This does not appear to be an OGC KML document--expected document element in namespace "http://www.opengis.net/kml/2.2", but found: "http://earth.google.com/kml/2.2"

What the fuck?

The second error is:

cvc-complex-type.2.4.a: Invalid content was found starting with element 'tilt'. One of '{"http://www.opengis.net/kml/2.2":altitudeModeGroup, "http://www.opengis.net/kml/2.2":LookAtSimpleExtensionGroup, "http://www.opengis.net/kml/2.2":LookAtObjectExtensionGroup}' is expected.

I'm sure that i followed tutorial example from the Google dragon's month carefully. So i went to Google Earth's kml tutorial again, at: http://code.google.com/apis/kml/documentation/kml_tut.html. The string 〔http://earth.google.com/kml/2.2〕 is now nowhere to be found there. Apparently, they changed it. Also, the few pages of the tutorial do not contain any "" or “” tag.

Who Listens to Correctness When Authorities Meander?

Apparently, thru the years, as tech and software progressed, they made changes and fixed things, as usual. But the point here is, today a working programer has to know tens of protocols, formats, and multiple languages, and if the programer paid attention to detail in the spec, and later be fucked in the face for his efforts to follow spec, then why should we listen to any “recommendations”, “advices”, “specs” these standards bodies are giving out?

When XML and XHTML came alone in about 2000 with massive fanfare, we are told that XHTML will change society, or, at least, make the web correct and valid and far more easier to develop and flexible. Now it's a decade later. Sure the web has improved, but as far as html/xhtml and browser rendering goes, it's still a fuck soup with extreme complexities. 99.99% of web pages are still not valid. Major browsers still don't agree on their rendering behavior. Web dev is actually far more complex than before, involving tens or hundreds of tech that hardly a person even knows about. It's hard to say if it is better at all than the HTML3 days with “font” and “table” tags and gazillion tricks. The best practical approach is still trial n error with browsers.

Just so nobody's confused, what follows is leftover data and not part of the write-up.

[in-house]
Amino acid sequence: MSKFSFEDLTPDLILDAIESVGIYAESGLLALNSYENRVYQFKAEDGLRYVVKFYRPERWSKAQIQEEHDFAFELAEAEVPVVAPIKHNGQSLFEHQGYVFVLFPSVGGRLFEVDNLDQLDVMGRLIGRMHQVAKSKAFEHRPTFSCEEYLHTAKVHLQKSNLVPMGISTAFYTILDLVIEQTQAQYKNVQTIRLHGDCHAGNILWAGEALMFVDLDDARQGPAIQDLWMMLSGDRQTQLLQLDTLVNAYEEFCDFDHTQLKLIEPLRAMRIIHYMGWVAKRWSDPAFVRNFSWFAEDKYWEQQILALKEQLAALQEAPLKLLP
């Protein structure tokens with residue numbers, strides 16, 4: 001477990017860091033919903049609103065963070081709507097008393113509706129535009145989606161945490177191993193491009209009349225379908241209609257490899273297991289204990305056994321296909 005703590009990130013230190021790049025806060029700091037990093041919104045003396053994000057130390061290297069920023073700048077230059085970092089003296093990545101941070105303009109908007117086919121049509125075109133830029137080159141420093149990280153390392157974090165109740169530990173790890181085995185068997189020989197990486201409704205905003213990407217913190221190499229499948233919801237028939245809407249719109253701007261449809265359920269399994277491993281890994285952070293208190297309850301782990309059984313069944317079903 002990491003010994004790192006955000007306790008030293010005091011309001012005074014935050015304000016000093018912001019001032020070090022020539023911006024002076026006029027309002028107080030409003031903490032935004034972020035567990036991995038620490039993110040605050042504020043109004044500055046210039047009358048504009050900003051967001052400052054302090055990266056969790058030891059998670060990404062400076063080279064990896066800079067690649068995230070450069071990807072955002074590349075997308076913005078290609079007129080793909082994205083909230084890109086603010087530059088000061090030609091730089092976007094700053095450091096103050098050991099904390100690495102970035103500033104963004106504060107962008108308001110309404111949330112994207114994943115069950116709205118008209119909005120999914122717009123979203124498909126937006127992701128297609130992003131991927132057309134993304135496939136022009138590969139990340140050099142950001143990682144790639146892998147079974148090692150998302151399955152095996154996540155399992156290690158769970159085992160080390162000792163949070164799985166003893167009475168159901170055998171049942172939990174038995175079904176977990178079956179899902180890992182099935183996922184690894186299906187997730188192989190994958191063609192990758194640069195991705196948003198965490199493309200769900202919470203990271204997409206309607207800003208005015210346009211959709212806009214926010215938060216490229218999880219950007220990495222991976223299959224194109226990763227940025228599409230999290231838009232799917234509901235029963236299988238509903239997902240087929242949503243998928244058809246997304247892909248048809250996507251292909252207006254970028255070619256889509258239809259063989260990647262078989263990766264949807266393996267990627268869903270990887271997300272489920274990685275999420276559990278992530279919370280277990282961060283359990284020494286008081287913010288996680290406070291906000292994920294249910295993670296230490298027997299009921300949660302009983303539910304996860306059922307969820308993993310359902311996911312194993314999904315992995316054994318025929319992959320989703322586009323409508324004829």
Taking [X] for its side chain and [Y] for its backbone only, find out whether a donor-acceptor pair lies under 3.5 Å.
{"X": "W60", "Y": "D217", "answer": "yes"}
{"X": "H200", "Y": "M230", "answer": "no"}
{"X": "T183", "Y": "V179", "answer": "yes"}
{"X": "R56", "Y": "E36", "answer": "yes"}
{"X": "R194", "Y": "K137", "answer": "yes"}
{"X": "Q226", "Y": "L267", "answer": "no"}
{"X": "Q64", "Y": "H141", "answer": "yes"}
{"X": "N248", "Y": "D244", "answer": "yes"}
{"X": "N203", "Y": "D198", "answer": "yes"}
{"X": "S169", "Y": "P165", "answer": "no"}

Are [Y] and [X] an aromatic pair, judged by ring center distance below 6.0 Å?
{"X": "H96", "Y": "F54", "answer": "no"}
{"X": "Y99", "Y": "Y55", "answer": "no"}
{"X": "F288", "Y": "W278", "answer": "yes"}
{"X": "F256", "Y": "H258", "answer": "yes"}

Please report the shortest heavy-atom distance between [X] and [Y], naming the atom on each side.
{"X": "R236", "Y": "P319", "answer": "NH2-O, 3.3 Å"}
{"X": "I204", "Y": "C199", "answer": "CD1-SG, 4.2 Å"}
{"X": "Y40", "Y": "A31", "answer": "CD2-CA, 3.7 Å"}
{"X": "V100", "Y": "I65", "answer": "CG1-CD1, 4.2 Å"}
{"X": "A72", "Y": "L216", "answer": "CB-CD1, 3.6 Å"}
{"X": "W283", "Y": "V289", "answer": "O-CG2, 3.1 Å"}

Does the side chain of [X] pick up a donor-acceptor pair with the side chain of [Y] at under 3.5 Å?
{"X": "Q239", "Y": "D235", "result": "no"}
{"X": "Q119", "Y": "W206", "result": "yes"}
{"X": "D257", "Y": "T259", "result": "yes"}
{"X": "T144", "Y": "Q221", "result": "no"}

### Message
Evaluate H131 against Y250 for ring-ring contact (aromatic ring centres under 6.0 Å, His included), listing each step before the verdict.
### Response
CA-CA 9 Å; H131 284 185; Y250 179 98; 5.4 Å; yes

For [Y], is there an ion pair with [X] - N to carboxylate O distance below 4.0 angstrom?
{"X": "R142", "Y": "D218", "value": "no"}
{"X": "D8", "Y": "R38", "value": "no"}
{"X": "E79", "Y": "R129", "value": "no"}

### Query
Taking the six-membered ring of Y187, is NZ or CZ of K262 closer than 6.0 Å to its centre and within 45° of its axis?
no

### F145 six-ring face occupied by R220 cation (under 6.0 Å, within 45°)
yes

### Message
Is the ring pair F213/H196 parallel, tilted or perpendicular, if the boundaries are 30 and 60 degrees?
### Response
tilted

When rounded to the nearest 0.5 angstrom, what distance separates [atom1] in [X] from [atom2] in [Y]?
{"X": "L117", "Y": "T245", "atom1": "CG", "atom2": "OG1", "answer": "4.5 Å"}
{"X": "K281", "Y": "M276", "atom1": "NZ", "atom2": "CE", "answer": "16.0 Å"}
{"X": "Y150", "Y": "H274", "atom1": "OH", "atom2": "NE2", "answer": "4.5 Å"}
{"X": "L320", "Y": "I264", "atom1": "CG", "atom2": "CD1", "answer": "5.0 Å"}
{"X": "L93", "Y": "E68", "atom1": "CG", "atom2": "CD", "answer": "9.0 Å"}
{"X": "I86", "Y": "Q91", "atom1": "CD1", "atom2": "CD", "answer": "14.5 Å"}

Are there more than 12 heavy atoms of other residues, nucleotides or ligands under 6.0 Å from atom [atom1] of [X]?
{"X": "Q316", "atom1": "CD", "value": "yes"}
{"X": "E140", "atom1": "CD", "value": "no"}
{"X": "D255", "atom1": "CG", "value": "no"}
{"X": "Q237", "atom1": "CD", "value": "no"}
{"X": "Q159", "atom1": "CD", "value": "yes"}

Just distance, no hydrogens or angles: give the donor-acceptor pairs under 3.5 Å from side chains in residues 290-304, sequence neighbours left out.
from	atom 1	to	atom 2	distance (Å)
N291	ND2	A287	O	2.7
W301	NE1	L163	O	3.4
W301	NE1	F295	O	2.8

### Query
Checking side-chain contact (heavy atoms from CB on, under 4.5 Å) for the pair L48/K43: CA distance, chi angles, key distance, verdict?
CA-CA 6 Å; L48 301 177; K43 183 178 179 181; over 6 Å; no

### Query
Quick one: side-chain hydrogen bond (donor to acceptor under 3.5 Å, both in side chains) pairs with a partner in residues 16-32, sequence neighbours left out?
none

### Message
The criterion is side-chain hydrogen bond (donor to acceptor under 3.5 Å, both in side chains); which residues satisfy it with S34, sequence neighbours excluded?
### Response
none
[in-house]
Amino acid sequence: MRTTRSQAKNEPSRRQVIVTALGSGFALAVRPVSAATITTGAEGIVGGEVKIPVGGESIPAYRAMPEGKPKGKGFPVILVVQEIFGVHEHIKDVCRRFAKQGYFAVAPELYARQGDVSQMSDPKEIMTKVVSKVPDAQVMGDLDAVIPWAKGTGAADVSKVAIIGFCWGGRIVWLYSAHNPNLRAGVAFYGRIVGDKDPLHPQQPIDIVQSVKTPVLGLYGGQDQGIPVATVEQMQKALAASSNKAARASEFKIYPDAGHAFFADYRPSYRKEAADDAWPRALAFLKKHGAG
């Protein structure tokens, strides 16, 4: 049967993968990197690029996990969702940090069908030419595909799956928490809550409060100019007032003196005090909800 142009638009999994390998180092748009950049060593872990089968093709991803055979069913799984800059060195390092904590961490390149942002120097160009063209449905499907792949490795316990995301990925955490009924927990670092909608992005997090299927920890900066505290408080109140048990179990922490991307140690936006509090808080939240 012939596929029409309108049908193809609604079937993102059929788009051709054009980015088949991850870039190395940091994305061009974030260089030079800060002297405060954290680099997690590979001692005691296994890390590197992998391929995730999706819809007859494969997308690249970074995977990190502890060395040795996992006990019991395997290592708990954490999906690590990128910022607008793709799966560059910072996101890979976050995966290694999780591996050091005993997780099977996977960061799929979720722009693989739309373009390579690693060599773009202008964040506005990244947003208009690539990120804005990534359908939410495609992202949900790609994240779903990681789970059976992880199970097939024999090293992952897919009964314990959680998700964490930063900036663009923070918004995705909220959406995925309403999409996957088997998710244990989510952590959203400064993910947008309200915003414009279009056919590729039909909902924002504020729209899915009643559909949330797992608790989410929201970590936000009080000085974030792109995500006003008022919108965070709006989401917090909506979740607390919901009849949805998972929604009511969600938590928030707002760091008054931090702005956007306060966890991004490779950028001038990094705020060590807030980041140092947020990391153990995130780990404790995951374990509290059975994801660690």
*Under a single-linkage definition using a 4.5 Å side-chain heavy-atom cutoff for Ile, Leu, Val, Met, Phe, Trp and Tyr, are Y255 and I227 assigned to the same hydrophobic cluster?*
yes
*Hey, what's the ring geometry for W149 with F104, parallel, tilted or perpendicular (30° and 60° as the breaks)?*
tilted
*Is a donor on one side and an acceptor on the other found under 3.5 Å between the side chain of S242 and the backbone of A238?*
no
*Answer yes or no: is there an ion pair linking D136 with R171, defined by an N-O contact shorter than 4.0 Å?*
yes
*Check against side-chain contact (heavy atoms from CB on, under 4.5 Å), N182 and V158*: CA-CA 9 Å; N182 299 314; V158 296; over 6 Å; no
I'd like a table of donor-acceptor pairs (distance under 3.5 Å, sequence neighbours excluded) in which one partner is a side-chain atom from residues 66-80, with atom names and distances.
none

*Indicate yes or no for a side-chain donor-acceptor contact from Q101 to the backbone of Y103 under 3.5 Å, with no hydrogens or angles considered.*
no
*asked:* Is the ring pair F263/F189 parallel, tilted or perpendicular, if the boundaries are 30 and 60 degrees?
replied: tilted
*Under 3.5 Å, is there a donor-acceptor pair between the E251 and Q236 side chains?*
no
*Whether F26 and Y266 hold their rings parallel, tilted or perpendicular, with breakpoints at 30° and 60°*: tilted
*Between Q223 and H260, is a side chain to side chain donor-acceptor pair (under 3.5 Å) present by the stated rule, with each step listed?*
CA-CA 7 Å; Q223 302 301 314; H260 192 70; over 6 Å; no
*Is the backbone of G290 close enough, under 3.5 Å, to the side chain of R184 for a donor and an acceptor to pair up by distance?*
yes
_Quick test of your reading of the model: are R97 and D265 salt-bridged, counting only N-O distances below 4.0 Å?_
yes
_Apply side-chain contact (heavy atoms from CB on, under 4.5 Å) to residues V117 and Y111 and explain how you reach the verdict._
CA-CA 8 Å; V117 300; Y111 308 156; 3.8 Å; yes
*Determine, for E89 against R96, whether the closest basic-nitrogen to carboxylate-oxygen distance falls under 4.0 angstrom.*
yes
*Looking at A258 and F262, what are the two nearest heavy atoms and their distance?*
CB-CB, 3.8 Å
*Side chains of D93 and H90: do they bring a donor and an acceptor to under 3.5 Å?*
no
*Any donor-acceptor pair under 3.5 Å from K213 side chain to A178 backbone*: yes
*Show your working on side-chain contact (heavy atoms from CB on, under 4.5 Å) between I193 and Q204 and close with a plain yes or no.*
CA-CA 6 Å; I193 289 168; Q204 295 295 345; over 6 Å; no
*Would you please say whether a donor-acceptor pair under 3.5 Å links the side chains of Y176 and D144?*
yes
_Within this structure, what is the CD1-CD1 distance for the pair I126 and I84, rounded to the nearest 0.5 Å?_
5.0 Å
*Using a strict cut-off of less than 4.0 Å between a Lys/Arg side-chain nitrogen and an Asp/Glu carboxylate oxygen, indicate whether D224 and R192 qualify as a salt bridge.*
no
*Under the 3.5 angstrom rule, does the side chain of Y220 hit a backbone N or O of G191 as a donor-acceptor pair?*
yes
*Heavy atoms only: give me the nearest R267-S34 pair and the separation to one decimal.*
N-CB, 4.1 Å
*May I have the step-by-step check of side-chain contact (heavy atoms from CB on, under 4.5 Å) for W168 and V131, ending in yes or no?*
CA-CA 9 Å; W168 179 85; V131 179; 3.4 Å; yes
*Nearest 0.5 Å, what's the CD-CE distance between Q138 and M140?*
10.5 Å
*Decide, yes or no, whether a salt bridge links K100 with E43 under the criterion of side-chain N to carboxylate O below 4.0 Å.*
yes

And, now HTML5 comes alone, from a newfangled hip group, with a attitude that validation is overrated — a flying fuck to the face about the XML mantra from standards bodies, just when there starts to be more and more sites with correct XHTML.

XML is break from SGML, with many justifications why it needs be, and now HTML5 is a break from both SGML and XML. WTFML anyone?

PS The story of my kml above is actually slightly simplified. When i started to create kml files in 2006, Google's tutorial says:

But in around 2008, when i was working on kml again, i noticed that the version is not 2.1 anymore but 2.2, and i think the Google tutorial for a simple file start to contain the LookAt tag, like this:


I don't remember if it became required tag or not, or if a kml 2.2 file without this blog will simply not have the old behavior in Google Earth. Or, perhaps i got the idea of this block by looking at the many (now thousands) existing kml files in Google Earth.

I spent a hour or two to add this block into my existing ~65 kml files and modified my elisp code that generate kml files. I wouldn't have done it if it wasn't important. Now, it all changes again, and this block is no longer shown in the simple example of Google Earth tutorial. Spent about 4 hours on this today, updating my site and research into this issue, not counting writing this article.

For collection of kml files, see: Google Earth Files at XahLee.org.

For emacs lisp code that generates kml files, see: Emacs Lisp: Writing a google-earth Function.

Xah ∑ xahlee.org ☄